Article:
The result was a sharp increase in budget deficits that became so severe that the Republican controlled legislature had to end the tax cut policies earlier this year, overriding Brownback's veto of a $1.2 billion tax increase.

It's simple math and common sense. While cutting taxes can lead to growing tax revenues when more jobs are created and investment is encouraged, those increased revenues won't necessarily come in overnight. The only responsible thing to do is cut government spending in the first year or two after tax cuts are enacted to avoid state deficits and keep essential services running. And remember, states like Kansas don't have the luxury of submitting unbalanced budgets to the legislature like the federal government can and does year after year.

The good news is that there's decent evidence the Trump administration and the congressional GOP leaders have either learned the lessons they really need to learn from Kansas, or already knew them. Many deductions and loopholes in the federal tax code have reportedly been targeted in the Republican tax reform plan. And Treasury Secretary Steven Mnuchin has already said that the tax reform planning process is going to produce pass through entity rules that will stop the richest Americans from using them to avoid paying taxes.

The bad news is that President Trump and Congress show no signs of cutting spending. And even though tax revenues are hitting record highs almost every month, that spending is outpacing those revenues and boosting deficits. When Brownback first proposed the tax cuts in Kansas, corresponding spending cuts or reforms to the big items like education and Medicaid were simply not something even most conservatives in that state wanted to enact. This is similar to the hard truth that our national debt cannot be fixed until Washington is willing to reform and effectively cut Medicare, Social Security, and defense. Good luck with that.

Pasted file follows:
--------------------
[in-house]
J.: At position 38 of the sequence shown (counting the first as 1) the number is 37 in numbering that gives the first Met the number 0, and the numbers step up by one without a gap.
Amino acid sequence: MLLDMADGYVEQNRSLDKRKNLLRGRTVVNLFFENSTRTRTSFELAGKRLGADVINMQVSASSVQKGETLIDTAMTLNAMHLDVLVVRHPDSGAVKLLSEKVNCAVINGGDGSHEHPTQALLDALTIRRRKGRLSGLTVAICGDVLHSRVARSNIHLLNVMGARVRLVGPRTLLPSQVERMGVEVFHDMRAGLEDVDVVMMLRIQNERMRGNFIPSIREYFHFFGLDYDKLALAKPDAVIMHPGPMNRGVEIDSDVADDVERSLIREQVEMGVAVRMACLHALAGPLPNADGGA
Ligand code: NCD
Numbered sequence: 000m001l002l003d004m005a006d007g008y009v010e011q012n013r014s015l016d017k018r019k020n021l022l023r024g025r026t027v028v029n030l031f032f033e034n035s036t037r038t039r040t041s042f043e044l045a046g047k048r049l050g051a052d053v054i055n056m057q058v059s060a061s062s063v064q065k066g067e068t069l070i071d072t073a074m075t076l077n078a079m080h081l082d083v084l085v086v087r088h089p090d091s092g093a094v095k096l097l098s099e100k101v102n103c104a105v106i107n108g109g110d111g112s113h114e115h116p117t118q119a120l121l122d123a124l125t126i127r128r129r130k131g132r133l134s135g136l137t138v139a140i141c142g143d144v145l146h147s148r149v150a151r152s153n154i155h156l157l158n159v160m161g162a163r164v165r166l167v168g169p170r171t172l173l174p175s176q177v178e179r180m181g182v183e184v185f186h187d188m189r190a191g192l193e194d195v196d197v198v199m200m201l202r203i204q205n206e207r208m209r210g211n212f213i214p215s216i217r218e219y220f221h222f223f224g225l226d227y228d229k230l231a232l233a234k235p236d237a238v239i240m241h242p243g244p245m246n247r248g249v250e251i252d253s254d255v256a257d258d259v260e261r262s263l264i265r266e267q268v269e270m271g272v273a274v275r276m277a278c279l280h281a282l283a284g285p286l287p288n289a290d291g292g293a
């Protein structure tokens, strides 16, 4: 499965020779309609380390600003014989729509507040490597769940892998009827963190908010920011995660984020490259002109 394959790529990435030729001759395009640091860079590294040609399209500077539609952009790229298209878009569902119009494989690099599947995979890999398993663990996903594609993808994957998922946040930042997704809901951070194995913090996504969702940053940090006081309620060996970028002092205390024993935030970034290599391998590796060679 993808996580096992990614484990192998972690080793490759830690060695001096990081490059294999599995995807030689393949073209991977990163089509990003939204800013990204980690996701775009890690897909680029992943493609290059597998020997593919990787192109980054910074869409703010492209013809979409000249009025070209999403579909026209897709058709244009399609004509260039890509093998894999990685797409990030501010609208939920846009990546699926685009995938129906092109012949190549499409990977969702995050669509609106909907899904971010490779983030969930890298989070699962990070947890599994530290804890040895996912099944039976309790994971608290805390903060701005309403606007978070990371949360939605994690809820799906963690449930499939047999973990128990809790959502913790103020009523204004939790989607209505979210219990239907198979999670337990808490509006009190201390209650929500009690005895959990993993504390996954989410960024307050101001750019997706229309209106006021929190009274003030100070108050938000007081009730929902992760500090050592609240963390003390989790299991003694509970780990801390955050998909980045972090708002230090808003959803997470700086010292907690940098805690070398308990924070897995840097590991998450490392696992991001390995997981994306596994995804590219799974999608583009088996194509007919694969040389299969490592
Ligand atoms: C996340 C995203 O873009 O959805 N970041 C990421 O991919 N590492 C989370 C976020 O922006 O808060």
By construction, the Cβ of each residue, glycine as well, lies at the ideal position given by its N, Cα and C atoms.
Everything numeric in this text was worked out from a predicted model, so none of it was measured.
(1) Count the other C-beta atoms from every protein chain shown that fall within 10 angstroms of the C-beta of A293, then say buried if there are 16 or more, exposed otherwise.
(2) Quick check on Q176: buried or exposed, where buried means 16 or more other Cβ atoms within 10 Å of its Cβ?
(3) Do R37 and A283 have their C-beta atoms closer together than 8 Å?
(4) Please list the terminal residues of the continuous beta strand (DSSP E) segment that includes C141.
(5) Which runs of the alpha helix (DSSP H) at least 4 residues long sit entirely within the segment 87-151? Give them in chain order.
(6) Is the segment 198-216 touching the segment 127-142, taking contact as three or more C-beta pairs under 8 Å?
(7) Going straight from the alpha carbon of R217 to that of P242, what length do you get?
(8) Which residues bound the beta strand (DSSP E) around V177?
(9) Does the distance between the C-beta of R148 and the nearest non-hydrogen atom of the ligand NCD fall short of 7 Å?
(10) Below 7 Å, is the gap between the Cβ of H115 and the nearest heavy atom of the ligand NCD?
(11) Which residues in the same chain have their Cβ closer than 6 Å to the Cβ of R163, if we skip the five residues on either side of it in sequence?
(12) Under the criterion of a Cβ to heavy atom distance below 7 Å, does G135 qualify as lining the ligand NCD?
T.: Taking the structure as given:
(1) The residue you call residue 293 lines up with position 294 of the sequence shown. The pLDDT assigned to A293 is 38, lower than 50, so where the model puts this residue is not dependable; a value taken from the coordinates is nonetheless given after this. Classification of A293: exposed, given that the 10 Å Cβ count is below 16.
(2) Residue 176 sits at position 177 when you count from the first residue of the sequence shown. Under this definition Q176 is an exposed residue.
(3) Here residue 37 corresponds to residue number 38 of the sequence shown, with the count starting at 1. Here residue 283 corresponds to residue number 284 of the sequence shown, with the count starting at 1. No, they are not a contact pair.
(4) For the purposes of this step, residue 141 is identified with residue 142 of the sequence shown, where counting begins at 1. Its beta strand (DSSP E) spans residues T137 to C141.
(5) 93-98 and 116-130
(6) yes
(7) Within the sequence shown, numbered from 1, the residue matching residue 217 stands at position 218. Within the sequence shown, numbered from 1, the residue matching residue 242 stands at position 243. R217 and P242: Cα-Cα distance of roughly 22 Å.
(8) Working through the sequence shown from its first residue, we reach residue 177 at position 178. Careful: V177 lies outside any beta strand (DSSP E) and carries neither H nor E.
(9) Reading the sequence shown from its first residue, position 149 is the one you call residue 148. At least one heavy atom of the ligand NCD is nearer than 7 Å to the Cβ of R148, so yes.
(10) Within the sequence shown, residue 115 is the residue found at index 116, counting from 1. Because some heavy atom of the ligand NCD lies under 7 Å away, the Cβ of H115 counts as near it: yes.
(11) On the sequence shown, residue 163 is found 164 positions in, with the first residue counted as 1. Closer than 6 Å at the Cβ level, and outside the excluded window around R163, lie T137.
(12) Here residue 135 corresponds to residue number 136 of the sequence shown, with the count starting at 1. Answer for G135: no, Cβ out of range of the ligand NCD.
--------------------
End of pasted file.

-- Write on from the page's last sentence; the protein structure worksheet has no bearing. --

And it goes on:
Both Kansas and Washington don't really have a tax cut or tax policy problem. They have a spending problem that's more like a spending addiction. It's so bad that the common sense benefits of reduced costs for businesses and investment in a place like Kansas still left the state in a fiscal state of emergency. And it's so bad that despite a rebounding economy and record stock market numbers, our national deficits keep coming and our national debt keeps growing.

The cost of those deficits and debts are already a drag on the national economy. Just paying the interest on the national debt keeps taxes high and encourages major employers to go or stay overseas. And even with today's lower interest rates, the current debt is more than 100% of our GDP. If the spending addiction in Washington isn't addressed soon, even the smartest tax cut plan won't grow the economy enough to fix it.

Commentary by Jake Novak, CNBC.com senior columnist. Follow him on Twitter @jakejakeny.